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February Is AMD And Low Vision Awareness Month

amd and low vision awareness

That means you never have to go visit an optometrist again, right? Wrong! February is AMD and low vision awareness month.

So you’ve already had (or you’re thinking about getting) LASIK. That means you never have to go visit an optometrist again, right? Wrong! February is AMD and low vision awareness month. We’re here to fill you in on why it’s important to be cautious about your eye health.

What Is AMD?

AMD is an acronym for age-related macular degeneration. According to PreventBlindness.org, AMD is the leading cause of vision loss for Americans over the age of 50. Though many older patients are diagnosed with glaucoma and cataracts later in life, macular degeneration tops those other two diseases in regards to vision loss.

What Happens With AMD?

Essentially, macular degeneration occurs when retinal cells begin to deteriorate. The macula, the center part of the retina, collects “data” and sends it to the optic nerve, which in turn, sends the message to the brain. Those messages are interpreted as the sense of sight. However, when those cells begin to weaken, those messages aren’t processed correctly. This leads to vision loss.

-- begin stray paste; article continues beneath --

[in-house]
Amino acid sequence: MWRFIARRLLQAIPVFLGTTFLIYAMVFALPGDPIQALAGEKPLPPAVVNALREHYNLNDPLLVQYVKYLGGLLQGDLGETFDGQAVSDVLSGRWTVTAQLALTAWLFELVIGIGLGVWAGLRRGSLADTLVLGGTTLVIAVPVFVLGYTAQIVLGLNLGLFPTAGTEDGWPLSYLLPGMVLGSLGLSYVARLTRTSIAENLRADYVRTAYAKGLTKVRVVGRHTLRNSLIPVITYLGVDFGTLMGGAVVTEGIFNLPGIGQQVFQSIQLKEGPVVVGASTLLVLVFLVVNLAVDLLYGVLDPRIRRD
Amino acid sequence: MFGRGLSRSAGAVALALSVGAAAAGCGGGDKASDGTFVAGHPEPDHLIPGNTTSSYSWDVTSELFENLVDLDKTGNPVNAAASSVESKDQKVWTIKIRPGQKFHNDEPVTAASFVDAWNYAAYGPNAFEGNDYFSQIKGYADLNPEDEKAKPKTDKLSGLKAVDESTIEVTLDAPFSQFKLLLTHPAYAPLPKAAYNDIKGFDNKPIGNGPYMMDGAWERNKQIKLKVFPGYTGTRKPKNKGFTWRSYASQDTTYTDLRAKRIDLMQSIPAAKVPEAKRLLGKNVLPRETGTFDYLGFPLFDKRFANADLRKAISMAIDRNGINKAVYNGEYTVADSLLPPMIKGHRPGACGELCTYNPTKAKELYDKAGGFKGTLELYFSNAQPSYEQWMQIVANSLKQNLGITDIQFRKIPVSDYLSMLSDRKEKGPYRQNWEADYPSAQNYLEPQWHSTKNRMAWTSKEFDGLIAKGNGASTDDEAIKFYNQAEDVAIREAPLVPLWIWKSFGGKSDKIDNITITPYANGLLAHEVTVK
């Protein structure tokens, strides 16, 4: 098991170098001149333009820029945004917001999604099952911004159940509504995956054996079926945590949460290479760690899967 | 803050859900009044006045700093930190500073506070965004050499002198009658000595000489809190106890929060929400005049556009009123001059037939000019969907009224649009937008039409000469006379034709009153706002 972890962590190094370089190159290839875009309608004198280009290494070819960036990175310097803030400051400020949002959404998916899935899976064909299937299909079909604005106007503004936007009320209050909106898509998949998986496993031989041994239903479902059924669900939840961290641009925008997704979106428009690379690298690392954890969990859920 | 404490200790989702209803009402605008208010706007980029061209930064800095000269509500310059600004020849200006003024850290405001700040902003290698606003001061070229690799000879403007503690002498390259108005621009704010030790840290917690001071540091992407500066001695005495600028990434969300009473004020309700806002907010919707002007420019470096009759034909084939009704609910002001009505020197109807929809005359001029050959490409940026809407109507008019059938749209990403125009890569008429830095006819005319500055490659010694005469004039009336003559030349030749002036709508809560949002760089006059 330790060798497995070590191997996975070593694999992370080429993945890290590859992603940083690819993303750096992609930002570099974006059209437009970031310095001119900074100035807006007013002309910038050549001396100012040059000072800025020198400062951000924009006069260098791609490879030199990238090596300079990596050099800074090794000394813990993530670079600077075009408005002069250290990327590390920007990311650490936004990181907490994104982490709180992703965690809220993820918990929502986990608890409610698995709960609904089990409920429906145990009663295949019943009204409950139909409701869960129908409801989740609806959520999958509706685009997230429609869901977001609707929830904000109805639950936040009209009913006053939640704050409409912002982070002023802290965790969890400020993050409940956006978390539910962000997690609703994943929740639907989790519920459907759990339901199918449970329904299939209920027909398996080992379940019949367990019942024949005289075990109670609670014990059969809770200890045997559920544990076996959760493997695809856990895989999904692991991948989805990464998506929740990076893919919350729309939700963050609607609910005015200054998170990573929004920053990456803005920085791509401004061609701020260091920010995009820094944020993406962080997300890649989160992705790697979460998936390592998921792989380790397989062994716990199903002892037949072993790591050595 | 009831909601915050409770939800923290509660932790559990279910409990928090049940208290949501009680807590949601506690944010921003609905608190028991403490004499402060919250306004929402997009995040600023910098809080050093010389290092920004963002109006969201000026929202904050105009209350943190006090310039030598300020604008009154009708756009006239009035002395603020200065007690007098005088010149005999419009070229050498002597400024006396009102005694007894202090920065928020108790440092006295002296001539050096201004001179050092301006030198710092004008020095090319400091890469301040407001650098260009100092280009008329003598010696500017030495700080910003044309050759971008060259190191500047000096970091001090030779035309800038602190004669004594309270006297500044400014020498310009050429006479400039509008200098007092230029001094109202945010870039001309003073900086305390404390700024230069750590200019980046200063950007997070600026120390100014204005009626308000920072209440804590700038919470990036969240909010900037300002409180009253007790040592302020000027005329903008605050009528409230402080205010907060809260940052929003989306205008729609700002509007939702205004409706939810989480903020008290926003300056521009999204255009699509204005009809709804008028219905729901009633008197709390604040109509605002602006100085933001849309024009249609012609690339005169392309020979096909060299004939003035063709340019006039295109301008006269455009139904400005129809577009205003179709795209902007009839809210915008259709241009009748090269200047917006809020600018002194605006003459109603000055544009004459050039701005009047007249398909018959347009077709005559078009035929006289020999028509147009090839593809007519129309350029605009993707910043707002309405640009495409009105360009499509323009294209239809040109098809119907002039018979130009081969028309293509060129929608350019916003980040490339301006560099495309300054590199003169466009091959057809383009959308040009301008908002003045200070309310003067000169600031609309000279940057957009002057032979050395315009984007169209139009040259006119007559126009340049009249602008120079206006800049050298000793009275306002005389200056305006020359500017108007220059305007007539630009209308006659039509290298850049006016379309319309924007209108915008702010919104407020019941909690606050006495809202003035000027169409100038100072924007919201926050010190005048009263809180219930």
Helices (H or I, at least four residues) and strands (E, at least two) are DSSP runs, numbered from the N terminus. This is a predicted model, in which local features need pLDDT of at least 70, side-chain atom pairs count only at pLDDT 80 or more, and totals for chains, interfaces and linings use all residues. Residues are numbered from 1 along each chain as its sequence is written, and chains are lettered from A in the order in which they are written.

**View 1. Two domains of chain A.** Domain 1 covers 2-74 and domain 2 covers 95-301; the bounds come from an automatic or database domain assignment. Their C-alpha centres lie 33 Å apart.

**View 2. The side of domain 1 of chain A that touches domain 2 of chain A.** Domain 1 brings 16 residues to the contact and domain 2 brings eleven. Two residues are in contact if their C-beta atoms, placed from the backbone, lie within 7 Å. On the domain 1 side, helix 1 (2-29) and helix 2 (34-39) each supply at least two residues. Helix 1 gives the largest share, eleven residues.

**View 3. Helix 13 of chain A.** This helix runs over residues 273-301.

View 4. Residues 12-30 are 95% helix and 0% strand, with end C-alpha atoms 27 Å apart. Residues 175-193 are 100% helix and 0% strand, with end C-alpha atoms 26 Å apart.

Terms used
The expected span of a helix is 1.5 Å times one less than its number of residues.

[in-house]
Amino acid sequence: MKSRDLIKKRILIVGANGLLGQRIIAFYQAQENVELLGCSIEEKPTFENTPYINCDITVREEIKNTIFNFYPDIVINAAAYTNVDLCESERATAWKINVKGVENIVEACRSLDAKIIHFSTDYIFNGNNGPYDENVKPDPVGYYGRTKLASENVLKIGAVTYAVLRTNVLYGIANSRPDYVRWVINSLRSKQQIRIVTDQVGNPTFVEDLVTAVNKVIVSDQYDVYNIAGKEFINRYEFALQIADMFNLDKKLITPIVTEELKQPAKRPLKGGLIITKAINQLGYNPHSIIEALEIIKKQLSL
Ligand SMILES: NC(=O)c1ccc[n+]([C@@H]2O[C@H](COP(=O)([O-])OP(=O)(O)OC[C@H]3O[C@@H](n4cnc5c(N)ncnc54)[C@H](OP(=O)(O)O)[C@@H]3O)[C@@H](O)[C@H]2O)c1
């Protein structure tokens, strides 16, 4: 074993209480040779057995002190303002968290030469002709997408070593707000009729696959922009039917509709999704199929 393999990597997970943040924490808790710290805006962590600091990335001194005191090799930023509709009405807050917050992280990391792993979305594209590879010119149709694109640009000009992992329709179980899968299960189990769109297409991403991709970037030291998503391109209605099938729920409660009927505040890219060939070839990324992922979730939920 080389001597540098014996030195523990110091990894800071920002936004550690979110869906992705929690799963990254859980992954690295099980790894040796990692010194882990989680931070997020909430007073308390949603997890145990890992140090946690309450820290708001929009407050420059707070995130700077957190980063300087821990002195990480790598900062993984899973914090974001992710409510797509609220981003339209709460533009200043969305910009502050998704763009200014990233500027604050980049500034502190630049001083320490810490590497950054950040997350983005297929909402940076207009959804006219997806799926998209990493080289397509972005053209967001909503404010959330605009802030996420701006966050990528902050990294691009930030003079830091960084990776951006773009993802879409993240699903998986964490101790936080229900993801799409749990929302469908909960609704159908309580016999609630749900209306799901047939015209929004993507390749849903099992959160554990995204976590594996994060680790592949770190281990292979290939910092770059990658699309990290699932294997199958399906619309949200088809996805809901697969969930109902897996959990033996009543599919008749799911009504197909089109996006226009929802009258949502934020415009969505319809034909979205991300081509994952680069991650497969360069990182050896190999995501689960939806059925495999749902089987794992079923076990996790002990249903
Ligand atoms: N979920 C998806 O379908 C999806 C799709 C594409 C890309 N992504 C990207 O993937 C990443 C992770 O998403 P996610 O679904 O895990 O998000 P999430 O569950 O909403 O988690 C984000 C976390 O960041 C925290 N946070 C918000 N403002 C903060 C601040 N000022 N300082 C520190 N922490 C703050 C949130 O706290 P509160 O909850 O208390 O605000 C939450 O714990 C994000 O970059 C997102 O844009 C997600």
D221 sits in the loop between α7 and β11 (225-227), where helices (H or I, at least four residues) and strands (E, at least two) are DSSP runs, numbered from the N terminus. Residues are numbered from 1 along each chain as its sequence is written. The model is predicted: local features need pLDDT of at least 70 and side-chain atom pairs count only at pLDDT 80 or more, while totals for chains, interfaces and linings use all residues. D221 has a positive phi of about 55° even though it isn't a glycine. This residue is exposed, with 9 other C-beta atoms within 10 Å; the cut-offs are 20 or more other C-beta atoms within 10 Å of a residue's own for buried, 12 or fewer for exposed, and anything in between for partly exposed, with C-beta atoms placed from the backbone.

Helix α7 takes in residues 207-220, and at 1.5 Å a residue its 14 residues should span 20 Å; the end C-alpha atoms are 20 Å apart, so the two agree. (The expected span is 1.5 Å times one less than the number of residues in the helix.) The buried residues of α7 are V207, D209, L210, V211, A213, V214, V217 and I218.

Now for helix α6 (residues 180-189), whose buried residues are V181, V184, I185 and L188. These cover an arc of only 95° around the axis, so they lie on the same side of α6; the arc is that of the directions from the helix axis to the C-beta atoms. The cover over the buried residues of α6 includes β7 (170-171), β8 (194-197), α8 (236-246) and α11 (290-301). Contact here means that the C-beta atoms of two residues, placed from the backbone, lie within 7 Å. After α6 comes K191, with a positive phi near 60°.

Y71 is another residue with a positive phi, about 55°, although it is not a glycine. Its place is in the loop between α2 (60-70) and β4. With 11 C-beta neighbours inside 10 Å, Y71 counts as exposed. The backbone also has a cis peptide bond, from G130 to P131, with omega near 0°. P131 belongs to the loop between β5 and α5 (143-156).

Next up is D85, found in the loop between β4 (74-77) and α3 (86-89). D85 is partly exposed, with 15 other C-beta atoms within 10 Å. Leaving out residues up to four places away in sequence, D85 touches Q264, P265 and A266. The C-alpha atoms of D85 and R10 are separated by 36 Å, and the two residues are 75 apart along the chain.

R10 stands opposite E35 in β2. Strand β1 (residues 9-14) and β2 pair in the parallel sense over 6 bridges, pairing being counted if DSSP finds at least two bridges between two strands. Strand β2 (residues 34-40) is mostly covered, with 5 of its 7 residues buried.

What Are The Symptoms Of AMD?

Macular degeneration is an incurable eye disease. However, many patients do not experience many issues with vision loss during the initial stages. Though, as the disease progresses, patients will begin to see dark spots, “waves,” and blurred vision. These symptoms will progressively worsen and will, in many cases, lead to total vision loss.

What Can I Do To Prevent AMD?

The three factors increase a person’s risk of AMD.

  • Race – Caucasians are more likely to develop the disease.
  • Genetics – Patients with a family history are more likely to get AMD.
  • Smoking – Smokers are twice as likely to develop AMD.


While the disease is not curable, patients can slow down its progression through several lifestyle changes. These include dietary changes, frequent exercise, minimal UV ray exposure, and avoiding smoking.

Regardless of whether or not you have had a LASIK procedure, it is important to schedule (at least) annual appointments your optometrist. EyeLASIK especially recommends speaking with your eye doctor if you have a family history of AMD.

Most of all, we encourage you to take care of your eyes, LASIK procedure or not. If you have specific questions about AMD and low vision awareness or symptoms, be sure to talk to your optometrist